Casino operator Las Vegas Sands (NYSE:LVS) has fallen by more than 27% in the last six months, as investors seem to be clearly concerned over falling gaming revenue in Macau. However, Las Vegas Sands is still an enormously profitable business with abundant opportunities for growth, both in Macau and in other geographies. Is the dip in Las Vegas Sands a buying opportunity for investors?
Slowing growth in Macau
Macau is the only region in China where gambling is legal, and Las Vegas Sands is one of the only six companies in the world with licenses to operate in the region. Not only that, but the company owns a leadership position in the lucrative Macau Cotai Strip, and it plans to continue expanding aggressively in that market in the medium term.
While Las Vegas Sands also has operations in Singapore and the U.S., Macau is by far the main growth driver for the company.
According to the Macao Gaming Inspection and Coordination Bureau, casino revenues in the region fell 6.1% during the month of August. This was the third consecutive monthly decline in 2014, and acceleration versus declines of 3.6% and 3.7% for July and June, respectively. Accumulated gross revenue for the first eight months of the year is still showing an increase of 8.1%, however, recent trends are certainly not encouraging.
Authorities in China are implementing a series of measures against corruption, including credit restrictions on VIP gamblers in Macau in order to stop illegal maneuvers to siphon money from mainland China to Macau. In addition, decelerating economic growth and a weak property market in China are other factors weighing on Macau over the last months.
It's hard to tell how long it may take for the Macau market to get back on track, however, the long term growth story for this exciting market is still intact. A rapidly growing Chinese middle class with increased disposable income, more efficient and affordable transportation infrastructure in the region, and more attractions for different kinds of travelers should generate sustained demand growth in the years ahead.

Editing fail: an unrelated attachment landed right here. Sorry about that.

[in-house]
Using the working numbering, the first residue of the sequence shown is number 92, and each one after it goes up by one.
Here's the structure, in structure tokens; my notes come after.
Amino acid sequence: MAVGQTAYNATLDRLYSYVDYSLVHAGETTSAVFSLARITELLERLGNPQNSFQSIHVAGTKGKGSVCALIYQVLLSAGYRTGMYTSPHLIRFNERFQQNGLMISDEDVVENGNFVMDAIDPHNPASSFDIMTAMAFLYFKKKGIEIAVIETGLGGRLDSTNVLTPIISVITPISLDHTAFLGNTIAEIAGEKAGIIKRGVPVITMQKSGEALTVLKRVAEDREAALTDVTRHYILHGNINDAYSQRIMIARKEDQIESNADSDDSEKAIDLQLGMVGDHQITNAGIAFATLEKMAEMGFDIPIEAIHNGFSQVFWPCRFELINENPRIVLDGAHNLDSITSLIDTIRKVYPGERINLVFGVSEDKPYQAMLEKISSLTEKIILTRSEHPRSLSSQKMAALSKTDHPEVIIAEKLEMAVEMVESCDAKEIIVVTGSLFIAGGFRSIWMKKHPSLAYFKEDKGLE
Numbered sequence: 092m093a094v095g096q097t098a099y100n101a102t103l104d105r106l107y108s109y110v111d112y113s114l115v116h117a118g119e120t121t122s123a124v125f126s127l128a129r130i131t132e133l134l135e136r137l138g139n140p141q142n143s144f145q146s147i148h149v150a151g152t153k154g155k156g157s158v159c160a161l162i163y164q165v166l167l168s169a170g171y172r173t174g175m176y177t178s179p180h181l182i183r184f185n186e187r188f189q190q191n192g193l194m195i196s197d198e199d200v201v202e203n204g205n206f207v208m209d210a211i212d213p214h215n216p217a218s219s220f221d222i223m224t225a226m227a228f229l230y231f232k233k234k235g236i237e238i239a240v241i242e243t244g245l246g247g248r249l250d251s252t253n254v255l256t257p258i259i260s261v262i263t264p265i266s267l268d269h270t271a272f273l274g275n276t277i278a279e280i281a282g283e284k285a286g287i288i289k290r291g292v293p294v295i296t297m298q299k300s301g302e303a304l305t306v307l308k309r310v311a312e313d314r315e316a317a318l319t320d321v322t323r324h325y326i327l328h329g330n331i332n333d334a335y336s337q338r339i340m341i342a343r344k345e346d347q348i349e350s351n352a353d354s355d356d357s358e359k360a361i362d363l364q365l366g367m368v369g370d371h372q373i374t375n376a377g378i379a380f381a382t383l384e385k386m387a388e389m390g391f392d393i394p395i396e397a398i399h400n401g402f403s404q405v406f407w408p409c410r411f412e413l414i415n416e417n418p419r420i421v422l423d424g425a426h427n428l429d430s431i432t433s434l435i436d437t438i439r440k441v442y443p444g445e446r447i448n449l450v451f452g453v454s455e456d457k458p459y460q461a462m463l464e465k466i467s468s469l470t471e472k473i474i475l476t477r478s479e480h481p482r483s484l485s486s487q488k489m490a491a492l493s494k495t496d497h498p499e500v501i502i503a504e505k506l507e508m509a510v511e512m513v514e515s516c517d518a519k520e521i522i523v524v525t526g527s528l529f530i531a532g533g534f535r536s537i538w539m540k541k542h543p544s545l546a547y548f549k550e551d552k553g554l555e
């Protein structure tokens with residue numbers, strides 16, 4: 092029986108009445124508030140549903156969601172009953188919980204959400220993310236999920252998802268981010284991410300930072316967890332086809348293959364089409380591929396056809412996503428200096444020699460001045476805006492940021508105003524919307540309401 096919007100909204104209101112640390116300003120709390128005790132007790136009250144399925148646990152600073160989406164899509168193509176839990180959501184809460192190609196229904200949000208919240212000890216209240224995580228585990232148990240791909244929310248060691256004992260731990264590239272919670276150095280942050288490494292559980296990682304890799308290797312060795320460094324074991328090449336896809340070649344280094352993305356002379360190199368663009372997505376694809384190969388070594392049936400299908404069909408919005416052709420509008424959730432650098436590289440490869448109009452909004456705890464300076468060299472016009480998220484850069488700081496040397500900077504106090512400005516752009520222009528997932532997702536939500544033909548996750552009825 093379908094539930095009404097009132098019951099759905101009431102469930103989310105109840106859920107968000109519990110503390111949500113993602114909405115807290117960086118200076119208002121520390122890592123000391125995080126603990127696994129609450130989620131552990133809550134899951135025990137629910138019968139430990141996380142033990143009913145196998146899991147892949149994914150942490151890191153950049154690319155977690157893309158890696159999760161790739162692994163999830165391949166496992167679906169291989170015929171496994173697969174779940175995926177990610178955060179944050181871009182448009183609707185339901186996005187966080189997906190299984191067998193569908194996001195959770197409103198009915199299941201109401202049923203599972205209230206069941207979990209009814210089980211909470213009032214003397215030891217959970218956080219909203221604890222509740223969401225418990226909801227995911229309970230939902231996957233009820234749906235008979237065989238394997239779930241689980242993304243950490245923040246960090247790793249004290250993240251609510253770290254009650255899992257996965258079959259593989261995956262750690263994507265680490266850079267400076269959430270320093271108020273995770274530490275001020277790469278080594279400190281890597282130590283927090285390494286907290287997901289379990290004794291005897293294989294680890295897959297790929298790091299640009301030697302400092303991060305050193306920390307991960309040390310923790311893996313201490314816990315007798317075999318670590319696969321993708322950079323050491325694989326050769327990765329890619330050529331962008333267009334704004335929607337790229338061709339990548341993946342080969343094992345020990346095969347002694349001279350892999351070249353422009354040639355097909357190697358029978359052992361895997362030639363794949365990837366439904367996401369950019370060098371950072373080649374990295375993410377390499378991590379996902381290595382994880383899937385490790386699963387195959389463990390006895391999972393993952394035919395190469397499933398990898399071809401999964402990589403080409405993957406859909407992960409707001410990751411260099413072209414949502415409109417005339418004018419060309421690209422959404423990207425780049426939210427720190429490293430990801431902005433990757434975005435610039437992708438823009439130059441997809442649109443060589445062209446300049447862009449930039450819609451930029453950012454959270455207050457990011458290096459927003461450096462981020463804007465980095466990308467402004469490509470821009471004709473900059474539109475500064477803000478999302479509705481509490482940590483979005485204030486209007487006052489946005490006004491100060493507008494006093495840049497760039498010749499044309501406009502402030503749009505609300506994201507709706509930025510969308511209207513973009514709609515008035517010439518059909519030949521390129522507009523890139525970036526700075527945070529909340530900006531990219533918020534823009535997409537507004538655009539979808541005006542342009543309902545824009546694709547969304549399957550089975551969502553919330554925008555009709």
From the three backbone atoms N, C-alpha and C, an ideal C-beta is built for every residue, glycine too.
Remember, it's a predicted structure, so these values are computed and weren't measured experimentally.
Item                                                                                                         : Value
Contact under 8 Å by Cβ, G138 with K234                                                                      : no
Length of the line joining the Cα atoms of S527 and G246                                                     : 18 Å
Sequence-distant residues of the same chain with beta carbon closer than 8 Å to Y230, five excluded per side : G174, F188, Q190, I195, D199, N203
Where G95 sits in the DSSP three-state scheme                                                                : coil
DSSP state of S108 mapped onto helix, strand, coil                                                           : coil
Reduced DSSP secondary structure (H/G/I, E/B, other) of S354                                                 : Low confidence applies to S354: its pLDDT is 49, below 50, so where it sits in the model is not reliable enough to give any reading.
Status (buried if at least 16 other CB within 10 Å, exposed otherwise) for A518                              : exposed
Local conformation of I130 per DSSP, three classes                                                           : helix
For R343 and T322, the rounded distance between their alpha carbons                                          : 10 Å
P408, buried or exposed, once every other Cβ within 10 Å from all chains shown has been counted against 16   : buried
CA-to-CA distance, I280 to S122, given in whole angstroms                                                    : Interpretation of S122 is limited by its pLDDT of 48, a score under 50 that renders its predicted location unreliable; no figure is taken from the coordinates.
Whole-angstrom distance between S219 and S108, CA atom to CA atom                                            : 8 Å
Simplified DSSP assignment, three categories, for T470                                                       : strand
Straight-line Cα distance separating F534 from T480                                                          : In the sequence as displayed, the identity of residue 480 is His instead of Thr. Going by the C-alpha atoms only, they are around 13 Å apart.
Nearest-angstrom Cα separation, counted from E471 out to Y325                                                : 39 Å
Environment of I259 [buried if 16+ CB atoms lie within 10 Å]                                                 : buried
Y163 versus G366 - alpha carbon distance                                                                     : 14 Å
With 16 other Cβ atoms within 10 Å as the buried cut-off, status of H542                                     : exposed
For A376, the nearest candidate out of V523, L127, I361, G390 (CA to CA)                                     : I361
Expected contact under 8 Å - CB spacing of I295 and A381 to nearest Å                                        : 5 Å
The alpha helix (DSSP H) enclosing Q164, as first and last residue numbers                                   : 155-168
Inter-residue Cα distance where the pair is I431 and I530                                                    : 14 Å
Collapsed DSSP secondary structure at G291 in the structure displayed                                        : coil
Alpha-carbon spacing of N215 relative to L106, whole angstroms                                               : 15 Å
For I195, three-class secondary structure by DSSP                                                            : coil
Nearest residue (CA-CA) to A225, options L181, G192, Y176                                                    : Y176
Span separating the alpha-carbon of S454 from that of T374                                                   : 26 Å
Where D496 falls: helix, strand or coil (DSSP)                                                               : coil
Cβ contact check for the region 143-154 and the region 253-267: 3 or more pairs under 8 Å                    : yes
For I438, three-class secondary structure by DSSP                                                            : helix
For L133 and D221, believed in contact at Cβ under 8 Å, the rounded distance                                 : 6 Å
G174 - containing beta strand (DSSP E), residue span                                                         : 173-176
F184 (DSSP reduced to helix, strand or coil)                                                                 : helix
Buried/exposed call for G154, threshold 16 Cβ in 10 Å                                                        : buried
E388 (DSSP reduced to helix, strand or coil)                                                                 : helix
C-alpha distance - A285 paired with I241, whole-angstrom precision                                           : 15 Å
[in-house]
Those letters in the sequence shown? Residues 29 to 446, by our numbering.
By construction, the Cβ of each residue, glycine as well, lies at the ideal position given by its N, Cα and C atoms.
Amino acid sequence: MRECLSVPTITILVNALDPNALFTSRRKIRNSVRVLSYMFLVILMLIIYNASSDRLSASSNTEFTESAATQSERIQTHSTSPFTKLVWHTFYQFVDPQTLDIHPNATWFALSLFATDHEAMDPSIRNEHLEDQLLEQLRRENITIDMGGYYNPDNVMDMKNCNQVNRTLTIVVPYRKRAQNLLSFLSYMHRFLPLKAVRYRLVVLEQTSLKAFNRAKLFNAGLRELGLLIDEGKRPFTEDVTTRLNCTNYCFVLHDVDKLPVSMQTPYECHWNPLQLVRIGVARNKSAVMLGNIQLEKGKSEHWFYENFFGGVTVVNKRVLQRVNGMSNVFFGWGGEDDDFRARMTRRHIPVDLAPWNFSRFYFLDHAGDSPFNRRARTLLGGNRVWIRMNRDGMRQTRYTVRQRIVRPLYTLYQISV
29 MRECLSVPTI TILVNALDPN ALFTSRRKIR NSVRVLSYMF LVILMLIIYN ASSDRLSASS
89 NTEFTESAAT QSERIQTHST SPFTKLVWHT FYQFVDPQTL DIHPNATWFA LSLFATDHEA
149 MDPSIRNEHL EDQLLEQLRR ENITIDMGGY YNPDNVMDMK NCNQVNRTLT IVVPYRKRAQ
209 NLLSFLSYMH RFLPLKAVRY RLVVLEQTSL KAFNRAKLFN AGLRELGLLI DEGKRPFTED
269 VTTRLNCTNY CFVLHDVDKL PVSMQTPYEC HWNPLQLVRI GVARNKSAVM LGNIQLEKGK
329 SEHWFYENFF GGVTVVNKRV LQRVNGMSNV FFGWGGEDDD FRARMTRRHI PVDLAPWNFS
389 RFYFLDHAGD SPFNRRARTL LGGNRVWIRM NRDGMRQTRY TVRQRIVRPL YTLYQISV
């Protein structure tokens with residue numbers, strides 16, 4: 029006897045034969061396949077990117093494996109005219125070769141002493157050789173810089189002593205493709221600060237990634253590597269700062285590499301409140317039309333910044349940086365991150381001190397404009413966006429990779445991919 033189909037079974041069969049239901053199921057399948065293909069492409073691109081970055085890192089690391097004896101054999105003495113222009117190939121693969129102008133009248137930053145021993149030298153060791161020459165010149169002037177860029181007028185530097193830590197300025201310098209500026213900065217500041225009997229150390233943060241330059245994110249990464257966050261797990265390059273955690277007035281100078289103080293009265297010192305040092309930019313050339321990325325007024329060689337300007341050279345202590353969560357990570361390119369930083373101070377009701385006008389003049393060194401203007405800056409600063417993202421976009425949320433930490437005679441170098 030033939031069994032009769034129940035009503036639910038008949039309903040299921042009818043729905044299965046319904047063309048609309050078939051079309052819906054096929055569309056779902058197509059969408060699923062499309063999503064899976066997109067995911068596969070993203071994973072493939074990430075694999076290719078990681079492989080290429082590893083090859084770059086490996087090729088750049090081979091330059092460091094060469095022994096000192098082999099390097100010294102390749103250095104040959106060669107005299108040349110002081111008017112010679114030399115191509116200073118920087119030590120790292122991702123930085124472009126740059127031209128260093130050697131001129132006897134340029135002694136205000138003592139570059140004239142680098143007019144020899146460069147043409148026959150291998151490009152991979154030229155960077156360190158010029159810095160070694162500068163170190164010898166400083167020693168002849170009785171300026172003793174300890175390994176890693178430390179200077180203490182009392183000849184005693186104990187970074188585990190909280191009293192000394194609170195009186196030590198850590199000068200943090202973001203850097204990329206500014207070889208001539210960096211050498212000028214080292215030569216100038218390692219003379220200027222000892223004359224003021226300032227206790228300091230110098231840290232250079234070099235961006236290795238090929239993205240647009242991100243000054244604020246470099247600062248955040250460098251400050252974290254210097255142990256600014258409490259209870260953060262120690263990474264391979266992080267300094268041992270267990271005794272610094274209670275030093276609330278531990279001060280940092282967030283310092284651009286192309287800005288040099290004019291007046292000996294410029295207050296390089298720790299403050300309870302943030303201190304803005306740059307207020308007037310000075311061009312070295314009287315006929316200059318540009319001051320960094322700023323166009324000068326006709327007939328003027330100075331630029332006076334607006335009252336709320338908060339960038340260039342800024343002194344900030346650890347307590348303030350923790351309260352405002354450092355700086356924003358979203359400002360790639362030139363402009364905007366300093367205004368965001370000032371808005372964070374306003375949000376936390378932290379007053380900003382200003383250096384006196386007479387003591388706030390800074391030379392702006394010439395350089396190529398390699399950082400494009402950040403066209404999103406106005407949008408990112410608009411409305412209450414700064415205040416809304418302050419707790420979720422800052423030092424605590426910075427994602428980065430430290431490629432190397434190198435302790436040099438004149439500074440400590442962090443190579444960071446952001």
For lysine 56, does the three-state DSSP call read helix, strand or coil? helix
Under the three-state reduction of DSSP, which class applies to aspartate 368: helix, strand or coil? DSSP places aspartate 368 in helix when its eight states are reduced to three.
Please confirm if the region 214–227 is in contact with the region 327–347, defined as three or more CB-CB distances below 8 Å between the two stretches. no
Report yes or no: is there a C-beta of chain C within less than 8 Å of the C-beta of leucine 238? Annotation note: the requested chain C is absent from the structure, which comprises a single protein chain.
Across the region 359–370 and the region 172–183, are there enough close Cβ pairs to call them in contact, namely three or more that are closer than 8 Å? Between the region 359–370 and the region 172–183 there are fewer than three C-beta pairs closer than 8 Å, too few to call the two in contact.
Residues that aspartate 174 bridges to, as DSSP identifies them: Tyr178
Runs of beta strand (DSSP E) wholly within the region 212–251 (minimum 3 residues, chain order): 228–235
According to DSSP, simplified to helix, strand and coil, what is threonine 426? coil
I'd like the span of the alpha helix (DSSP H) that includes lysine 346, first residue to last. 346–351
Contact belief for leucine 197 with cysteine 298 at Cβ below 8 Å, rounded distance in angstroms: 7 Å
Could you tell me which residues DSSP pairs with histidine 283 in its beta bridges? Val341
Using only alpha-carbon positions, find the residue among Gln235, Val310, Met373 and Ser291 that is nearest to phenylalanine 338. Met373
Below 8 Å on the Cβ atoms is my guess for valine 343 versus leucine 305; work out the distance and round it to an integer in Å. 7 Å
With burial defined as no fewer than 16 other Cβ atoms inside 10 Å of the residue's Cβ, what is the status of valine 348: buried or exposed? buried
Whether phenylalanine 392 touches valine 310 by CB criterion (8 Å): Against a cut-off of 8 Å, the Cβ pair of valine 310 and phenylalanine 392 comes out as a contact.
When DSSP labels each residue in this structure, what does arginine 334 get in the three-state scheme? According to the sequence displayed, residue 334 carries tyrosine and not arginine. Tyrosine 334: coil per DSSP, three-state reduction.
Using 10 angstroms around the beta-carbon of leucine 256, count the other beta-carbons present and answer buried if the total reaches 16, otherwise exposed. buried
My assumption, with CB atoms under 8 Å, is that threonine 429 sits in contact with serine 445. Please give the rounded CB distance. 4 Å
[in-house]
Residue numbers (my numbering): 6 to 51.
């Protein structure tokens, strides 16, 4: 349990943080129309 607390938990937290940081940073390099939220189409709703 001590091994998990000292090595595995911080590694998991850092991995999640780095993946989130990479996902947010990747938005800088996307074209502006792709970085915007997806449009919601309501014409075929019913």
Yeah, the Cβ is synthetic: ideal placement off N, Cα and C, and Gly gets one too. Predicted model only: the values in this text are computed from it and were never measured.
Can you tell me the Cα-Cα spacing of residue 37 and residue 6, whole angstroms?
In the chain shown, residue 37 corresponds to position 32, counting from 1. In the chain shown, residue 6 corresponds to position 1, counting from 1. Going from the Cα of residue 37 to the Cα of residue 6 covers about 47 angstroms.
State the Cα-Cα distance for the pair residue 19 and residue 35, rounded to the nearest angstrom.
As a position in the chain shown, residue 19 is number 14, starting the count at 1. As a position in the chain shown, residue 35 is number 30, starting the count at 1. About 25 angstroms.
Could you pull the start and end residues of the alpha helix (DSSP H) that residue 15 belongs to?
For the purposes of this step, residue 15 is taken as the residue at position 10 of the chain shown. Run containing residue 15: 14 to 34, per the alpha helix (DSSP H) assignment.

According to Las Vegas Sands' management, 200 million Chinese people are expected to travel outside of China by 2020, more than double the 97 million international Chinese travelers registered in 2013. In addition, Macau is expected to continue attracting travelers from all over the world, especially from other Asian countries where gambling is illegal.
Las Vegas Sands has ambitious expansion plans in Macau; The Parisian Macau is scheduled for inauguration in late 2015, and will provide 3,000 additional rooms to the company's presence in the region. All in all, Las Vegas Sands plans to have more than 12,600 rooms in Macau by 2017, representing a leading market share of 43% among gaming operators in the region.
Las Vegas Sands is also leveraging its experience and reputation as a successful operator in Asia to explore opportunities in countries such as Japan, South Korea, and Vietnam. Considering what the company has achieved in China, investors have good reasons for optimism. If Las Vegas Sands manages to successfully replicate that experience in other Asian markets, it could open the door for tremendous growth prospects over the middle term.
Betting on a winner
Over time, Las Vegas Sands has proven its ability to translate booming demand in Macau into rapidly growing sales and expanding profitability. Importantly, management is committed to consistently distributing capital to shareholders.
Las Vegas Sands has returned $8.3 billion to shareholders via dividends and buybacks over the 10 quarter period ending on June 30, 2014. The company has a $2 billion share buyback program in place, and management has committed to repurchasing at least $75 million every month.
Las Vegas Sands increased dividends by a big 42.9% for 2014, which brings the dividend yield to a generous 3.2%. The dividend payout ratio is quite safe at less than 55% of earnings forecasts for the current year, so investors have solid reasons to expect sustained dividend growth from Las Vegas Sands in the future.
Falling demand in Macau will probably create considerable uncertainty in the middle term, and there is scarce visibility as to when things could turn for the better. However, Las Vegas Sands is still a very profitable business with exciting growth prospects in the years ahead. Buying the dip in Las Vegas Sands looks like a smart bet.
Andrés Cardenal has no position in any stocks mentioned. The Motley Fool has no position in any of the stocks mentioned. Try any of our Foolish newsletter services free for 30 days. We Fools may not all hold the same opinions, but we all believe that considering a diverse range of insights makes us better investors. The Motley Fool has a disclosure policy.
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